Even small doses of LSD could have therapeutic benefits for mental health and task performance, a new study shows.

Researchers from the US and Germany gave 21 adults either a placebo or 13 or 26 micrograms of LSD – small doses that rarely lead to hallucinatory effects.

It was found that 26 micrograms of the psychoactive compound increased brain complexity by about 12 percent compared to a placebo, without altering consciousness. Neural complexity is a measure of unique brain signals, usually correlating with consciousness levels. High doses of psychedelics can increase complexity, which has been suggested to explain their positive effects.

Lysergic acid diethylamide, or LSD, was discovered in the 1930s while researchers were looking for a drug to improve blood flow and breathing, though its psychedelic effects have since earned it more recognition.

The compound is now known to activate a specific type of serotonin receptor in the brain that results in more complex patterns of brain activity. According to the "entropic brain hypothesis," psychedelics achieve therapeutic benefits via this increased neural complexity, which under the right conditions can disrupt unhelpful thought and behavior patterns.

Regularly taking very low quantities of psychedelics in what is known as microdosing has gained significant attention over the last decade, with enthusiastic anecdotes about its wide-ranging benefits for things like mood, creativity, energy, and brainpower.

While the science for many of the claims remains undecided, microdosing LSD could still be an appealing therapy if the positive effects of high doses can be achieved without the safety and ethical concerns associated with altered states of consciousness.

Randomized controlled trials (RCTs) in healthy people have shown that low doses can enhance well-being in some ways, such as decreasing pain perception.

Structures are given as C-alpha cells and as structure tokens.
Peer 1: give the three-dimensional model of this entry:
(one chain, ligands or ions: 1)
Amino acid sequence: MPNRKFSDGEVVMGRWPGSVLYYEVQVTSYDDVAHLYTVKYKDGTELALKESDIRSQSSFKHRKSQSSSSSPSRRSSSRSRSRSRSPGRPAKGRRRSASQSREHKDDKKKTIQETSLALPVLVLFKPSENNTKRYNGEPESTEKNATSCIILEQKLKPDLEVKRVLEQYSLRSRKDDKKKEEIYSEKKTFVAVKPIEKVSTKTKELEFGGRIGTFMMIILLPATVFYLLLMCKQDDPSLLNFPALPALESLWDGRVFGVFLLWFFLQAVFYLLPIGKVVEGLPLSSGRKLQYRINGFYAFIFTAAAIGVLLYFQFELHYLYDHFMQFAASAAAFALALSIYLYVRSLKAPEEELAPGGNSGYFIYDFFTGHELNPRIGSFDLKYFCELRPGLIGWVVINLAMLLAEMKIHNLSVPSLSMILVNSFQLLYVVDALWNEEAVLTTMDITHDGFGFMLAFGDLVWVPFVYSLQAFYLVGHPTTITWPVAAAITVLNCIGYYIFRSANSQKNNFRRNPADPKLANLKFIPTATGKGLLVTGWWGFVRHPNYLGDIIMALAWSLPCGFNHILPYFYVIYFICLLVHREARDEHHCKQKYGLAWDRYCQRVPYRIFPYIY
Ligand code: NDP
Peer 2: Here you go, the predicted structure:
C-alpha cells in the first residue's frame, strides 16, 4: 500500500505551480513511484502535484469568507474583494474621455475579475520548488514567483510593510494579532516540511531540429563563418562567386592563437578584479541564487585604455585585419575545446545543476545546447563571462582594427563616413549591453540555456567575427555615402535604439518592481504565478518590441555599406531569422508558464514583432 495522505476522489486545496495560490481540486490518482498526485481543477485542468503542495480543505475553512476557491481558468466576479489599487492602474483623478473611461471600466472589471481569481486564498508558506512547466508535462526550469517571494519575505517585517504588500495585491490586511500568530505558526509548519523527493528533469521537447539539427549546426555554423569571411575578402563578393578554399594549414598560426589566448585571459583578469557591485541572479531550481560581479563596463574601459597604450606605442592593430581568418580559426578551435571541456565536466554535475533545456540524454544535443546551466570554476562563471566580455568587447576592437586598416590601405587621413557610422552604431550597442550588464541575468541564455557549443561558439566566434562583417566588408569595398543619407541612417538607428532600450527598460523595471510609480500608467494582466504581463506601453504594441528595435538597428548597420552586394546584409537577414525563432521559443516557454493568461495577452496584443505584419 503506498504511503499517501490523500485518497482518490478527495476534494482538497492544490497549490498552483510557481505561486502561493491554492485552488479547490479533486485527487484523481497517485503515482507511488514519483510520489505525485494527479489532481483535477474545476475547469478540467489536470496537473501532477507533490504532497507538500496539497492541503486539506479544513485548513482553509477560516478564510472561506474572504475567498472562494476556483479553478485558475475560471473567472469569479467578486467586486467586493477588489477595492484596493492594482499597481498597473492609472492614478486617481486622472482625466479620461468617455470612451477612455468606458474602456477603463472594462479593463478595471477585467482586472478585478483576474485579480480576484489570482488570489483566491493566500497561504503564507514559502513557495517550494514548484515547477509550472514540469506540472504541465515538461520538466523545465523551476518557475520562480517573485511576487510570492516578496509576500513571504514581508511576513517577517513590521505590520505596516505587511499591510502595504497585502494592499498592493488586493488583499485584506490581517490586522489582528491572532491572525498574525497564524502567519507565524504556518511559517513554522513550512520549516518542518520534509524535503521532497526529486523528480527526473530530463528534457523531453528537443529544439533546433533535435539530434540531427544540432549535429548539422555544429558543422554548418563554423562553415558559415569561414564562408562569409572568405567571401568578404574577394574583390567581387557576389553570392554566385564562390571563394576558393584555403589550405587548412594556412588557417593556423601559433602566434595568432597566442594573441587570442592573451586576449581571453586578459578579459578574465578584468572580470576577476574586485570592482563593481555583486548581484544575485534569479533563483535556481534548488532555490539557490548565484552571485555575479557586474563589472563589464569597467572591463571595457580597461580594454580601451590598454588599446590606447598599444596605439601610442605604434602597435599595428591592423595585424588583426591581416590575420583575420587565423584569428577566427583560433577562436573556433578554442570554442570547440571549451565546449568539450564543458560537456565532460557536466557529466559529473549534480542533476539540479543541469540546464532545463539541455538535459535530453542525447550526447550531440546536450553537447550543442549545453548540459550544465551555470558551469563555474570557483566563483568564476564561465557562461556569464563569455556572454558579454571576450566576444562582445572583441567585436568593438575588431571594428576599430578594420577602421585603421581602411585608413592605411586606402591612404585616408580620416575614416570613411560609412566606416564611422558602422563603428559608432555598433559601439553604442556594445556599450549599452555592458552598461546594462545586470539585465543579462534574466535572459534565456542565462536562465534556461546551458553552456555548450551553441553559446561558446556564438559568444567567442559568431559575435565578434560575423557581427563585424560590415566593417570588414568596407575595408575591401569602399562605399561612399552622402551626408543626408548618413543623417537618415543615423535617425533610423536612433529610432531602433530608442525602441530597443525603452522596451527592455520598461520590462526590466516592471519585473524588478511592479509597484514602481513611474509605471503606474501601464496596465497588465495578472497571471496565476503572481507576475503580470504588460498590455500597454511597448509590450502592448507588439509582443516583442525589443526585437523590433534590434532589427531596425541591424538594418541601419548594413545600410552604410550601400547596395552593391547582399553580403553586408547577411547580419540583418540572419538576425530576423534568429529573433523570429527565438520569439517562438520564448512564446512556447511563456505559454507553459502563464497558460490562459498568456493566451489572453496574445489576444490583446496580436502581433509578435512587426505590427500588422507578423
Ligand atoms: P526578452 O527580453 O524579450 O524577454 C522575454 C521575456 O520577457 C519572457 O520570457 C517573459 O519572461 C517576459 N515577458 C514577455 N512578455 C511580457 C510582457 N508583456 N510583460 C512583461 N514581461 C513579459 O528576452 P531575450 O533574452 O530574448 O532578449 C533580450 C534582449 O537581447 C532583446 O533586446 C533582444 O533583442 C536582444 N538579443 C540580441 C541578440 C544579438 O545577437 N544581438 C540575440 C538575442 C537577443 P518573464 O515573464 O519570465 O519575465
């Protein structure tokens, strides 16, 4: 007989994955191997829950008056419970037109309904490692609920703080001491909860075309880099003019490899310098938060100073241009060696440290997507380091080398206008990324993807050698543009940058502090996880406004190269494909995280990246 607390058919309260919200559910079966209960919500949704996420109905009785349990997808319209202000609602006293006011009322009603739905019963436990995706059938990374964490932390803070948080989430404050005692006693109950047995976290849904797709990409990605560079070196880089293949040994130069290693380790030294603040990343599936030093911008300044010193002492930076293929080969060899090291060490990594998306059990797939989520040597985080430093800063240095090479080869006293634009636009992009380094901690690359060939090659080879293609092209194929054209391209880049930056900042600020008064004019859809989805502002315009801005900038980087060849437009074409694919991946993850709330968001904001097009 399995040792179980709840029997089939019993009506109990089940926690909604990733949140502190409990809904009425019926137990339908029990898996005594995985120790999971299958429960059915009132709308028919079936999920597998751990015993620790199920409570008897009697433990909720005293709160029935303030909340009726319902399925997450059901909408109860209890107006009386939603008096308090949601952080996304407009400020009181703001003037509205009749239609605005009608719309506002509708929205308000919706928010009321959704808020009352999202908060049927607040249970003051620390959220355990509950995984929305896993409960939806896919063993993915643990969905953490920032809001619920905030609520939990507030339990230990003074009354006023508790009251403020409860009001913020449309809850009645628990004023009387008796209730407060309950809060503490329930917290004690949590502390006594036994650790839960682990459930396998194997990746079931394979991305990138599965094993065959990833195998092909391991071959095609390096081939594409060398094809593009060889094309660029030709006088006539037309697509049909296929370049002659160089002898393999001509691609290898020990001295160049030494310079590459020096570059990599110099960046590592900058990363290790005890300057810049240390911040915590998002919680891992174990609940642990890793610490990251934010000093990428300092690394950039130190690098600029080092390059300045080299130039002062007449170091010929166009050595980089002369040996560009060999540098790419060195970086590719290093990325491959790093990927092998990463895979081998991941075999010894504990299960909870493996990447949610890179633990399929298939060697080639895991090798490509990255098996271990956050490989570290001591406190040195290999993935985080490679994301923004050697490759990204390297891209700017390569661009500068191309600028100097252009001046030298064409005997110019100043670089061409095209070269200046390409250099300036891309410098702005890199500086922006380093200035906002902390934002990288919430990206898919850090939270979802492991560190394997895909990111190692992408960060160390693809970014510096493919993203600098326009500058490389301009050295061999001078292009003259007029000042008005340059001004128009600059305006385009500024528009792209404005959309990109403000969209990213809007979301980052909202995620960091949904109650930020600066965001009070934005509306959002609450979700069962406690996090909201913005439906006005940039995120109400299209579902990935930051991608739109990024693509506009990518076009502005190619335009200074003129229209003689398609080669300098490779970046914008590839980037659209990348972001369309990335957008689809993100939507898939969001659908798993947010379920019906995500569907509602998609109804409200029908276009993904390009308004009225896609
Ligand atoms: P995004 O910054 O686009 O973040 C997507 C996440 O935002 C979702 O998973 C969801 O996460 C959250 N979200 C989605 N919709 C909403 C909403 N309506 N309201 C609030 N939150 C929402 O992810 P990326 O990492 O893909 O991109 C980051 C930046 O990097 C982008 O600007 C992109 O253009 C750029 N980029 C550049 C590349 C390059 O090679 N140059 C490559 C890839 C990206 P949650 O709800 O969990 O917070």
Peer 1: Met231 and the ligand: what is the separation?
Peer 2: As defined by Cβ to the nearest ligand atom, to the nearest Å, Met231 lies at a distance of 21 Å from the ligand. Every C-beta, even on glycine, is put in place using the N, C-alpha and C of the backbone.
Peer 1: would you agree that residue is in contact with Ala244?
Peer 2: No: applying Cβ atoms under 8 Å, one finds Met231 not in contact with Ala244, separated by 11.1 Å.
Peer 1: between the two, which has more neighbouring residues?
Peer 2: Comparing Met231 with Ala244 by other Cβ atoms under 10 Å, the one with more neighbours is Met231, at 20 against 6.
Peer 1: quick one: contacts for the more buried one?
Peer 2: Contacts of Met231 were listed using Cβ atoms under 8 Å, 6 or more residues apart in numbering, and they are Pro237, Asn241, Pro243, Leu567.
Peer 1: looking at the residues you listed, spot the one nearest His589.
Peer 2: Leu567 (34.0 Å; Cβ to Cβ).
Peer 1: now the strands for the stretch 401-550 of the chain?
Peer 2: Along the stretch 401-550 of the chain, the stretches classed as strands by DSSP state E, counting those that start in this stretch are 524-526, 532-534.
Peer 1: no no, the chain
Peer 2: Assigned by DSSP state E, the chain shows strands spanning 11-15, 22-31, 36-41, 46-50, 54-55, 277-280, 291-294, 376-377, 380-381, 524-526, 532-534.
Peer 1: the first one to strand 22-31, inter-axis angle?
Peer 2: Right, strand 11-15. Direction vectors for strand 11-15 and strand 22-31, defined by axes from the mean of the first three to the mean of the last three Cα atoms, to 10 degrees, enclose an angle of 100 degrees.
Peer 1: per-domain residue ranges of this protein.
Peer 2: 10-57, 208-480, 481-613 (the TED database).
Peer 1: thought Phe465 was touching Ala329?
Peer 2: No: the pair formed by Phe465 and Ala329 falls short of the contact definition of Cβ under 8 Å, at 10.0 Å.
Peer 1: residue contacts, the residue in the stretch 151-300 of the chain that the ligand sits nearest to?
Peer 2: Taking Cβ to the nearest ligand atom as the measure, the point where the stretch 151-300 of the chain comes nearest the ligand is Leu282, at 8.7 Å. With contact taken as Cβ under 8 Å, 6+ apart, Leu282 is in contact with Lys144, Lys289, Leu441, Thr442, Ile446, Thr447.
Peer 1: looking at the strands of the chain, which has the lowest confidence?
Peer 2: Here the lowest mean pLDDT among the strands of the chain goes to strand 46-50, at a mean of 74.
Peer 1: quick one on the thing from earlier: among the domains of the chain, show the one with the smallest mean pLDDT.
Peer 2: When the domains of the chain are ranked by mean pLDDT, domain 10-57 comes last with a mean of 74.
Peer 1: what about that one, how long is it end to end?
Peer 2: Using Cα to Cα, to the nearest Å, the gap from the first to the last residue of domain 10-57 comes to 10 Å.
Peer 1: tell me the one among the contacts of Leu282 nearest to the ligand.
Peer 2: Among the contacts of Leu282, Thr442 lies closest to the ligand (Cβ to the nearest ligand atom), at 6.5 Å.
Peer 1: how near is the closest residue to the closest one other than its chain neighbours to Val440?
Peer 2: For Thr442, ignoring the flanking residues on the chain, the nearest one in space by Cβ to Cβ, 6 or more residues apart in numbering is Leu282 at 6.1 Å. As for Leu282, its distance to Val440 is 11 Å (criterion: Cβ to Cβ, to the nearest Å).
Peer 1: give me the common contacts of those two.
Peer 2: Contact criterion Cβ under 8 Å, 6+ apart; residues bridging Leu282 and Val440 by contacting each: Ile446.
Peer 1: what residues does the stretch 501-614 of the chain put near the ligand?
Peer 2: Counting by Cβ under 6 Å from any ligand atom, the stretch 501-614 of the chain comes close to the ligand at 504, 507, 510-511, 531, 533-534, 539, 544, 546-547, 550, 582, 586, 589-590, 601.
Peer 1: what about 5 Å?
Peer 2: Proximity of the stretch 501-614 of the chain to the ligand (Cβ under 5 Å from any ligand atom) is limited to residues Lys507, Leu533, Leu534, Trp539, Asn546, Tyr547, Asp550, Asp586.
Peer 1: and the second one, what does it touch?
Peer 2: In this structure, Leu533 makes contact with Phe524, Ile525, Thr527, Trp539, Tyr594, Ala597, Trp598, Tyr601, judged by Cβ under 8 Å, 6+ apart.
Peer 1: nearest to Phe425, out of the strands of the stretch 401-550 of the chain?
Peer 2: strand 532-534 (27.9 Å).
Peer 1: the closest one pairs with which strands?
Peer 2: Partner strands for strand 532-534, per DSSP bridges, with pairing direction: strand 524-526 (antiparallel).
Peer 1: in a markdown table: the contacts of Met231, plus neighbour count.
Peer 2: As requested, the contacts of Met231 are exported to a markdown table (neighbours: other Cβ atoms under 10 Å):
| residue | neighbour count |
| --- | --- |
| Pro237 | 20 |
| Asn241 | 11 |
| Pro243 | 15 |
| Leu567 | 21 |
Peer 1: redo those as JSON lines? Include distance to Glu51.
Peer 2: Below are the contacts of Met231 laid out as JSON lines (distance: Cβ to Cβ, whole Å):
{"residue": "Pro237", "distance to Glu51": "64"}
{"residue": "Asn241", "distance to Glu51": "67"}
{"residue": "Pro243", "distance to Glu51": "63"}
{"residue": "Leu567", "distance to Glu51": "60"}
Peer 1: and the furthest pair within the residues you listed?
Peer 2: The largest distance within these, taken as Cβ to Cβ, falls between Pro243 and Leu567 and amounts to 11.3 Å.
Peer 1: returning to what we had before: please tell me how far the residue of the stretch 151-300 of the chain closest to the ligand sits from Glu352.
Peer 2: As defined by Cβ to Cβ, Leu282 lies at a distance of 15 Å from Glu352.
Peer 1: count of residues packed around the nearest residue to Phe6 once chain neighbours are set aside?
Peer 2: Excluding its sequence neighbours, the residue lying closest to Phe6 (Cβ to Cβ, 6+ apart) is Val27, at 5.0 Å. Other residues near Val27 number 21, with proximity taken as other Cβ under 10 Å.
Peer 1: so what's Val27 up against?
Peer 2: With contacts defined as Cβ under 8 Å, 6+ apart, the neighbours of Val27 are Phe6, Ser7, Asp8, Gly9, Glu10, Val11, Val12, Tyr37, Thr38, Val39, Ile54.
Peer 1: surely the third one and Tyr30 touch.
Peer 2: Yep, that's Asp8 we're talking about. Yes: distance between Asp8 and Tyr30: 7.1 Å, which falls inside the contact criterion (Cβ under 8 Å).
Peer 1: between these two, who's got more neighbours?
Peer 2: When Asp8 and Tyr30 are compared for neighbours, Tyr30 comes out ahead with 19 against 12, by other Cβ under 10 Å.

"However, no published RCT has examined patient populations and only one RCT to date has assessed outcomes after repeated use," write neuroscientist Conor Murray from the University of Los Angeles, California, and colleagues.

They recorded the brain activity of trial participants during the time that the drug's effects were expected to peak using resting state electroencephalography (EEG). Following the trial, participants were asked to complete a questionnaire to assess whether they had experienced any consciousness changes.

The trials were repeated in two further groups, one with moderate (7.5 mg) and high (15 mg) doses of tetrahydrocannabinol (THC) from cannabis and one with medical methamphetamine at doses of 10 mg and 20 mg. In these experiments, THC, but not methamphetamine, affected consciousness at high doses.

The team's analysis of all the trials found only the 26-microgram dose of LSD had a significant effect on neural complexity, increasing it by approximately 12 percent on average when compared to the placebo.

Despite this change, the questionnaire results indicated that the 26-microgram LSD dose had no effect on self-reported states of consciousness, although participants did report feeling small increases in anxiety and elation.

What's more, THC changed consciousness levels, but not neural complexity, suggesting that changes in neural complexity and consciousness don't always go together.

"These data inform relationships between neural complexity, spectral power, and subjective states, demonstrating that increased neural complexity is not necessary or sufficient for altered states of consciousness," the researchers write.

The team suggests that microdoses of LSD affect the brain similarly to higher doses, explaining reports of increased creativity and social connection.

University of California, San Francisco neurologist Robin Carhart-Harris, who wasn't involved in the research, told Grace Wade at New Scientist there's a need for better scales to accurately capture psychedelic effects. He disagrees that low doses of LSD have no impact on consciousness, based on participants self-reporting effects after taking 26 micrograms.

Clinical trials so far haven't proven any overall benefits of microdosing LSD, and the potential risks aren't clear.

Murray and team say further research is needed to assess whether the greater complexity they observed results in cognitive, behavioral, or therapeutic outcomes, though previous studies suggest increased complexity can be a predictor for outcomes to psychiatric therapy compared with other measures.

"Increases in complexity after low doses of LSD, in the absence of psychedelic-like drug effects, raise important questions about potential roles for the diversity of neural signaling after low doses of LSD in conscious processes, which may have behavioral and therapeutic relevance," the authors write.

The study has been published in Neuropsychopharmacology.